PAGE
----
It was my Nervous System (maybe)

January 18th, 2008 andrea

Last night some fellow members of The New York Society for Acoustic Ecology (NYSAE) cleared up something that happened to me in Antarctica that had been bothering me.

While I was in the Dry Valleys, I was looking for a very quiet place where I thought I might be able to hear the geological ‘keynote’ (as Murray Schafer describes it) of the valleys. At a couple of points, I thought I had found it, a very quiet high pitched hum, but when I tried to make a recording of it using the most sensitive mics I had, I got nothing on the recording except some rustling of clothing.

I thought that maybe this sound was my imagination, or that I was starting to get tinnitis, or maybe the sound of a light wind in my ear canal, but when I explained the sound to a group of NYSAE members, they almost all simultaneously responded with ‘it was your nervous system.’

Turns out John Cage talked about this phenomenon in several articles and his 1973 book ‘Silence’. He visited an anechoic chamber and, as he says: “heard two sounds, one high and one low. When I described them to the engineer in charge, he informed me that the high one was my nervous system in operation, the low one my blood in circulation.”

There’s some debate on the accuracy of this, some say Cage more likely had a mild case of tinnitis, and that the very high-pitched sound of the nervous system is usually inaudible to people over the age of 30, but I was happy for this more inspiring explanation. As Cage says: “The reason I did not expect to hear those two sounds was that they were set into vibration without any intention on my part. That experience gave my life direction, the exploration of nonintention.”

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Sonic Antarctica

January 8th, 2008 andrea

sonic antarctica concert
Last night was the Sonic Antarctica concert at the McMurdo Station Coffeehouse. We presented twenty sound recordings and compositions by 11 people, over 90 minutes of sound works total. The turnout was amazing, standing room only. By some estimates over 100 people came out to enjoy snacks, sangria and sound.

A vast majority of the works were created this season, most within the past two weeks (two compositions were finished within hours of the show!).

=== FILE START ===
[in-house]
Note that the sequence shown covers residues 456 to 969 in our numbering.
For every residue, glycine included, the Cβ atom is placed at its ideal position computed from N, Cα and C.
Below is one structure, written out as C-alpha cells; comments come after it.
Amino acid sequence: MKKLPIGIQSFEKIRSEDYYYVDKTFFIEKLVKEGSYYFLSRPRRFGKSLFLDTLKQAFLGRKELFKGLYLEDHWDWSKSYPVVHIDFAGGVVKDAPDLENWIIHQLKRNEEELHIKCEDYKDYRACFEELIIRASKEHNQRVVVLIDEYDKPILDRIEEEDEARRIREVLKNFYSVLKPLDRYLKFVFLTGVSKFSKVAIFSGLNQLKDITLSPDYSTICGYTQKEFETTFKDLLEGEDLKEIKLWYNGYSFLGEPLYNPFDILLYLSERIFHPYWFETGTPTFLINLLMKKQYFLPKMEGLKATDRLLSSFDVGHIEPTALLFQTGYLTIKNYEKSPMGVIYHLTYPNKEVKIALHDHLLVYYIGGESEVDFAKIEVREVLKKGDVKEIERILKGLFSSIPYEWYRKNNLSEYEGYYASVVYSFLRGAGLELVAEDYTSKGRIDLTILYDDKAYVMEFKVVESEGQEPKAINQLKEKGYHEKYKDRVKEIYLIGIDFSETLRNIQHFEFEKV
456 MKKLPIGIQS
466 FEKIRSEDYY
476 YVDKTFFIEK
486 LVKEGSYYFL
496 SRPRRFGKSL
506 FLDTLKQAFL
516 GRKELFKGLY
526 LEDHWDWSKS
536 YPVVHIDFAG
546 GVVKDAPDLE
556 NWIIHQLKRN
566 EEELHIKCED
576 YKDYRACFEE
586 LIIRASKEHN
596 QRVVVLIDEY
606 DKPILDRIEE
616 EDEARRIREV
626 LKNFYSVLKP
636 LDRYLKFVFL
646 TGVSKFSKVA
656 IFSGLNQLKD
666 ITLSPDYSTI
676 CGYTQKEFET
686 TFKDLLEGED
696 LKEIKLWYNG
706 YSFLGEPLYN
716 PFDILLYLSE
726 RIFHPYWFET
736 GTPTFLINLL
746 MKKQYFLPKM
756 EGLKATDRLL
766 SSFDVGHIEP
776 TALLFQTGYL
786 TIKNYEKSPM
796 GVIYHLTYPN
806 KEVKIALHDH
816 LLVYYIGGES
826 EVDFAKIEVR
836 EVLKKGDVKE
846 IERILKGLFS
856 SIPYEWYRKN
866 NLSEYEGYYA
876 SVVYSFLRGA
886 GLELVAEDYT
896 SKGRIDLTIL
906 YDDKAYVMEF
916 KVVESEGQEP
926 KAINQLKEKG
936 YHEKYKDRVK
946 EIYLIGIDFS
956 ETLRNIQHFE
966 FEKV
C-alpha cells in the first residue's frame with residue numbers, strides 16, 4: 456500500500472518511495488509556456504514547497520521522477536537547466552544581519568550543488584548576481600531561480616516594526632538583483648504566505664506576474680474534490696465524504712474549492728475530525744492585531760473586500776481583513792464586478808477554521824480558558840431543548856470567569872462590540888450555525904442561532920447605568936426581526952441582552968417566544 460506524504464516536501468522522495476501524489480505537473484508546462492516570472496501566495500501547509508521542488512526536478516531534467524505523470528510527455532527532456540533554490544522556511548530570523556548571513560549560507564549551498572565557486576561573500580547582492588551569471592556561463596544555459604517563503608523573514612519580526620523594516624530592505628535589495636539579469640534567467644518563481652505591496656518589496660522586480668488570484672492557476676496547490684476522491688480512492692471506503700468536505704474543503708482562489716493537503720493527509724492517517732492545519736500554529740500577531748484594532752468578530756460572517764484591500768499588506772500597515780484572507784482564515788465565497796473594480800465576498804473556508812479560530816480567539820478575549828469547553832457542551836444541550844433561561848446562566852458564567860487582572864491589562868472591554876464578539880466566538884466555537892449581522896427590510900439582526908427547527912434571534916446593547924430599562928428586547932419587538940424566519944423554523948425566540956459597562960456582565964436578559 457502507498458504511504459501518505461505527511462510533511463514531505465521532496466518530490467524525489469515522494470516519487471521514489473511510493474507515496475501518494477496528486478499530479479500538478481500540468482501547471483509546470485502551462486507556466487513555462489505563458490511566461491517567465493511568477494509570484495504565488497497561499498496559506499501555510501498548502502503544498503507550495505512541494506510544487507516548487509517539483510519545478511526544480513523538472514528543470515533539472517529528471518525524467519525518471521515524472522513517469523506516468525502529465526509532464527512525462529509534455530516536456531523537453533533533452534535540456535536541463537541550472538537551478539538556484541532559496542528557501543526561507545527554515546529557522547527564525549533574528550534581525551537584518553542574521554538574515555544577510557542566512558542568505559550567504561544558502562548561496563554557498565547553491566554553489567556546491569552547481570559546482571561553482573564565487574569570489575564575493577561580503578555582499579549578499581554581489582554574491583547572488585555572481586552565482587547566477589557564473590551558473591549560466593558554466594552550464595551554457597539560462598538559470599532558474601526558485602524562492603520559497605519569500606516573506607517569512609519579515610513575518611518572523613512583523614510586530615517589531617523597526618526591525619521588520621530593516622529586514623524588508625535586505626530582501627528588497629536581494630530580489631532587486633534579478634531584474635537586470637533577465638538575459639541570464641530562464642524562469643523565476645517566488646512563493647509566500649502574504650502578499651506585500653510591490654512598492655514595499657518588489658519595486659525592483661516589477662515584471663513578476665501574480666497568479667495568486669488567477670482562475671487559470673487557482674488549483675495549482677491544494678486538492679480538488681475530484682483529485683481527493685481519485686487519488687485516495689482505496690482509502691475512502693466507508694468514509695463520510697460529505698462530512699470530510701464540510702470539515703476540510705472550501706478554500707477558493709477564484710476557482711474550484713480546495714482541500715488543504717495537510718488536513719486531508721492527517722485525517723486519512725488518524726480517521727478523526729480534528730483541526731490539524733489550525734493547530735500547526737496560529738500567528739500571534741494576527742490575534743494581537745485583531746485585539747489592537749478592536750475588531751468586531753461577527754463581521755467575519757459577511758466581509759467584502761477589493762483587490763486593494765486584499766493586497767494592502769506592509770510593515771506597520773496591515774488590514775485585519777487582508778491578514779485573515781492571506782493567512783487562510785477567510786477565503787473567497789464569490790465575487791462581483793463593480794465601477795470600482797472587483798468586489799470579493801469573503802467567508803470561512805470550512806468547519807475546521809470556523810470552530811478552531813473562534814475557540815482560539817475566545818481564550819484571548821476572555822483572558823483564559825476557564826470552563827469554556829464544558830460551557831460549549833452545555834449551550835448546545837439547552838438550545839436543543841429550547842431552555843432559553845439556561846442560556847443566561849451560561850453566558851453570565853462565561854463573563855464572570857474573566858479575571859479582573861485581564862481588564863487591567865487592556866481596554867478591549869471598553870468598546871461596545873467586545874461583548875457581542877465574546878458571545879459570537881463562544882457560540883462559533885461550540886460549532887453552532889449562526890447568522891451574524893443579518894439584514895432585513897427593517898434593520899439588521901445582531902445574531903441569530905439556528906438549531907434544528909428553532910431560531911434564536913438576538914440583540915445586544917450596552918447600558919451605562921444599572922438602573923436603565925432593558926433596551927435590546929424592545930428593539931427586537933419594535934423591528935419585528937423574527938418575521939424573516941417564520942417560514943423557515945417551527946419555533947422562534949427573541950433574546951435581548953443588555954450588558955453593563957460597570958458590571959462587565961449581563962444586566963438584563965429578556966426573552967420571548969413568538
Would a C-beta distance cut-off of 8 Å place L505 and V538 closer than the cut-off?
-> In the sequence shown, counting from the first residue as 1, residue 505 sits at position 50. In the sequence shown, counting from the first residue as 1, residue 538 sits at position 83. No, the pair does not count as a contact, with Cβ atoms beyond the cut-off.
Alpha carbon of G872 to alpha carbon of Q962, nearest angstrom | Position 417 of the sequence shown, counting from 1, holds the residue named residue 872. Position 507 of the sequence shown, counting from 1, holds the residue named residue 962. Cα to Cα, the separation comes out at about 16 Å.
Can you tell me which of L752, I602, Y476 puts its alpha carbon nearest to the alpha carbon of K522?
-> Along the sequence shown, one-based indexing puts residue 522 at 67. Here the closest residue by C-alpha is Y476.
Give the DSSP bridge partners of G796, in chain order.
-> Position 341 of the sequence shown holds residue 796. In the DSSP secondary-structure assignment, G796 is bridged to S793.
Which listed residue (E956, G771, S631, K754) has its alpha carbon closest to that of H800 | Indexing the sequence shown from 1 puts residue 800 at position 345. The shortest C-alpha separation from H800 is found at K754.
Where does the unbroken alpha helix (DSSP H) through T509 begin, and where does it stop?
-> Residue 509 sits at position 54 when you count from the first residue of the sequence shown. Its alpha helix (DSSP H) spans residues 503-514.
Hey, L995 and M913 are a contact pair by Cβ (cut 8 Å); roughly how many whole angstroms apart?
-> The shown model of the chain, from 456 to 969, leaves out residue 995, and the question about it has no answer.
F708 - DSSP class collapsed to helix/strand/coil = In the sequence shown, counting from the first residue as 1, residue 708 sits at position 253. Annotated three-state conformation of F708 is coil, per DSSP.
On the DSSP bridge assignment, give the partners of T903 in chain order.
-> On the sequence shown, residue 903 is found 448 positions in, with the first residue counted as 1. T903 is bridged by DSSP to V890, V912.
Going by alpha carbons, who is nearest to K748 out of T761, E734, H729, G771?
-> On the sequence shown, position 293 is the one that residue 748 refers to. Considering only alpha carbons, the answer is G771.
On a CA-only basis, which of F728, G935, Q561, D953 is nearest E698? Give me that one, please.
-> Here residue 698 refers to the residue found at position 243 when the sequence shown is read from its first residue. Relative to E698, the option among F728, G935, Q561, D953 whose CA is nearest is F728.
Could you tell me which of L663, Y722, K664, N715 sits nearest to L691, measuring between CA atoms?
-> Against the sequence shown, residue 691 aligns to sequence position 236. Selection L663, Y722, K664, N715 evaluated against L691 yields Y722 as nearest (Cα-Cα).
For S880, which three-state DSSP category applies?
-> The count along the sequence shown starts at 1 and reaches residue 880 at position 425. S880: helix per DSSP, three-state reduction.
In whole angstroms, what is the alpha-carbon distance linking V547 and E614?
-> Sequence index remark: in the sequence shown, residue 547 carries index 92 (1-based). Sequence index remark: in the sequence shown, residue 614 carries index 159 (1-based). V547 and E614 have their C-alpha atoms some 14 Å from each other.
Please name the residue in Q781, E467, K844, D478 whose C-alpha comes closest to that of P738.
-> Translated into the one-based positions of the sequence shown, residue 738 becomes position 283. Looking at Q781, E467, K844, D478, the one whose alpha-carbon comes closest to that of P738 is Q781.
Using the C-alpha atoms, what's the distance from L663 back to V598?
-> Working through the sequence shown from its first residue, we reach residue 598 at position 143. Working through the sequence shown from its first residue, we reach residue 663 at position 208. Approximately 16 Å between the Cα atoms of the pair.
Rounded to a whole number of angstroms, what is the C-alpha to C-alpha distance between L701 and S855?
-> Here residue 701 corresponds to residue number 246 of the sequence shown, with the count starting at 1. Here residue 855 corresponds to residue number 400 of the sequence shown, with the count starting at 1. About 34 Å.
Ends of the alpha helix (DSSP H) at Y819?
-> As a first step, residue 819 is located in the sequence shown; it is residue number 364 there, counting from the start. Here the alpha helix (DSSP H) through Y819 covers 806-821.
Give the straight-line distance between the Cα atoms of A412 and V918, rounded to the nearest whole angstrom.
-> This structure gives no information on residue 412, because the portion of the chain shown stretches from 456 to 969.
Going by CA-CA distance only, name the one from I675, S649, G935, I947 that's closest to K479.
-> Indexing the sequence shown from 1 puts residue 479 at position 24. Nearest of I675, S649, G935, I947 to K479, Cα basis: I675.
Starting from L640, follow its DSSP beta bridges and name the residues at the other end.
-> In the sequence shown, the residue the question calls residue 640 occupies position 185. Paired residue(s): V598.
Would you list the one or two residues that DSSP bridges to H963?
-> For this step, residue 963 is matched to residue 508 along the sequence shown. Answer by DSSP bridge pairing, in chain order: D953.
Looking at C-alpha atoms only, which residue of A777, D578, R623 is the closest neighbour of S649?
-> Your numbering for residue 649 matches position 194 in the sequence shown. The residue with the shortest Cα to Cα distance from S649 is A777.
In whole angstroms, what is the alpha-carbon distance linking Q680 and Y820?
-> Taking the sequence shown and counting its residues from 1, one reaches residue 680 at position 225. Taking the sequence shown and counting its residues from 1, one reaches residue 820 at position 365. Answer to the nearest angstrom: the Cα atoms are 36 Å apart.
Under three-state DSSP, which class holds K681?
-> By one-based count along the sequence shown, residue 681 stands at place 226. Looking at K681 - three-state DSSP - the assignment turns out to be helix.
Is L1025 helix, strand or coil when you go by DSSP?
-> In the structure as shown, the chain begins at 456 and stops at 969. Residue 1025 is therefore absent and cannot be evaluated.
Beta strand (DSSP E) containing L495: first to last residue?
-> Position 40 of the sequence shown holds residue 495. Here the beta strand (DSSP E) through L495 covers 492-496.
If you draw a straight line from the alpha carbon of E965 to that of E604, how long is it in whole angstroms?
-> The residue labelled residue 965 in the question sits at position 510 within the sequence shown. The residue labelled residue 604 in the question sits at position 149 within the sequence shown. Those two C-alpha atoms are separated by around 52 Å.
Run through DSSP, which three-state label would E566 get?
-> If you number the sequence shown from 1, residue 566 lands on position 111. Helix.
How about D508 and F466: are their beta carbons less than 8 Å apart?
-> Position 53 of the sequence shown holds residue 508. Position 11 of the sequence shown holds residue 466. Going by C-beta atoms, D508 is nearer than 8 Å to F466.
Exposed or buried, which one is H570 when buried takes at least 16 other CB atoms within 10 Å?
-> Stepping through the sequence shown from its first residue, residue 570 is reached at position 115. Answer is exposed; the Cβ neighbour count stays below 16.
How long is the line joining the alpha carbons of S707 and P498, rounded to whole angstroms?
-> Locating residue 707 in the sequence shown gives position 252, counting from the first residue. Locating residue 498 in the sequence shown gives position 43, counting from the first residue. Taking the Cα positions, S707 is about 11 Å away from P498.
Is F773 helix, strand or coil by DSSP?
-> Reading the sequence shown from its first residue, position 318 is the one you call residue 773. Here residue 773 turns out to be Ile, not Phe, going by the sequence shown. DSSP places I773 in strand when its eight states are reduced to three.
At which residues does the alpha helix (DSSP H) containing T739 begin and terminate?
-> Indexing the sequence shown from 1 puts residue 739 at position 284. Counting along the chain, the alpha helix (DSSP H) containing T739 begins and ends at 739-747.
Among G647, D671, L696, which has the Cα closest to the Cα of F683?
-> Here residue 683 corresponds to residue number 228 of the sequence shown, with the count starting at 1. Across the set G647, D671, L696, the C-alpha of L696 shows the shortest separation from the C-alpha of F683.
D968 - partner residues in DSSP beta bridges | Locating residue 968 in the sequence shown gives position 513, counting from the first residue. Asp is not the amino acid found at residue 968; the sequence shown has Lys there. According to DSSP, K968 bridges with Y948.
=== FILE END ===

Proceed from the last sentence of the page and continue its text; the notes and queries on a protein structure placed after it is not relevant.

Some of the highlights were: the walkabout McMurdo station recorded and narrated by Anne Dal Vera, Phil Austin explaining the LDB balloon launch as it was happening, wind harmonics of the SSC stairwell recorded by Patricia Jackson, an interior binaural recording by Julie Katch that was so subtle and beautiful that it got the whole crowed quiet and focused, Tia’s recordings of late night Macops and whistling wind, an industrial noise mix of town machines by James Travis, Jason Seehafer’s Radarsat boom mic recording, Doug Quin’s Elephant Seals loudly complaining about being hauled out (it reminded some listeners of residents grumbling during a recent early morning fire alarm in the dorm!), Jean Pennycook’s Adelie calls, Douglas MacAyeal’s evocative B15A seismic sound and Bob Smalley’s ambient sonification of an Antarctic earthquake (20-minutes matching the real time of the quake). I was surprised to hear audience members reacting strongly to my recordings taken aboard the C-130, A-Star helicopter and on Taylor glacier, saying they actually felt their bodies moving while listening.

Although this wasn’t part of my original plan, Sonic Antarctica turned out so well, if I can edit everything down to 70-75 minutes and find a producer/distributor, I’ll do a commercial CD release of the project this year.

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More Weird Glacier Sounds

January 4th, 2008 andrea

commonwealth met station
Today Hassan and I went to visit a couple more LTER met stations, one on top of Commonwealth Glacier in Taylor Valley. If you put a mic right down to the surface, the sound of a glacier is incredibly reverberant, almost as sound was going into a giant hollow space with highly reflective walls or through a tangled matrix of hollow glass tubes. It was too cold to record any melting sounds underneath the surface, but I was able to scrape and otherwise manipulate the surface to get some interesting and weird sounds. What I find weird in this short mono recording is the kind of high pitched squeaking and clicking that occurs behind the main scraping sound.

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Adelie Penguin Chicks at Cape Royds

January 1st, 2008 andrea

cape royds
If you listen carefully to this very short recording, you can hear the tiny peeping of adelie penguin chicks:

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Skua Attack at Cape Royds

January 1st, 2008 andrea

cape royds
There are several skua nests around the penguin colonies at Cape Royds. This is what happens when you get a little too close (you can hear 2 skuas in this 30 second recording, the one that starts making noise sounds to me like a person pretending to be a skua, but I assure you it is the actual sound of one):

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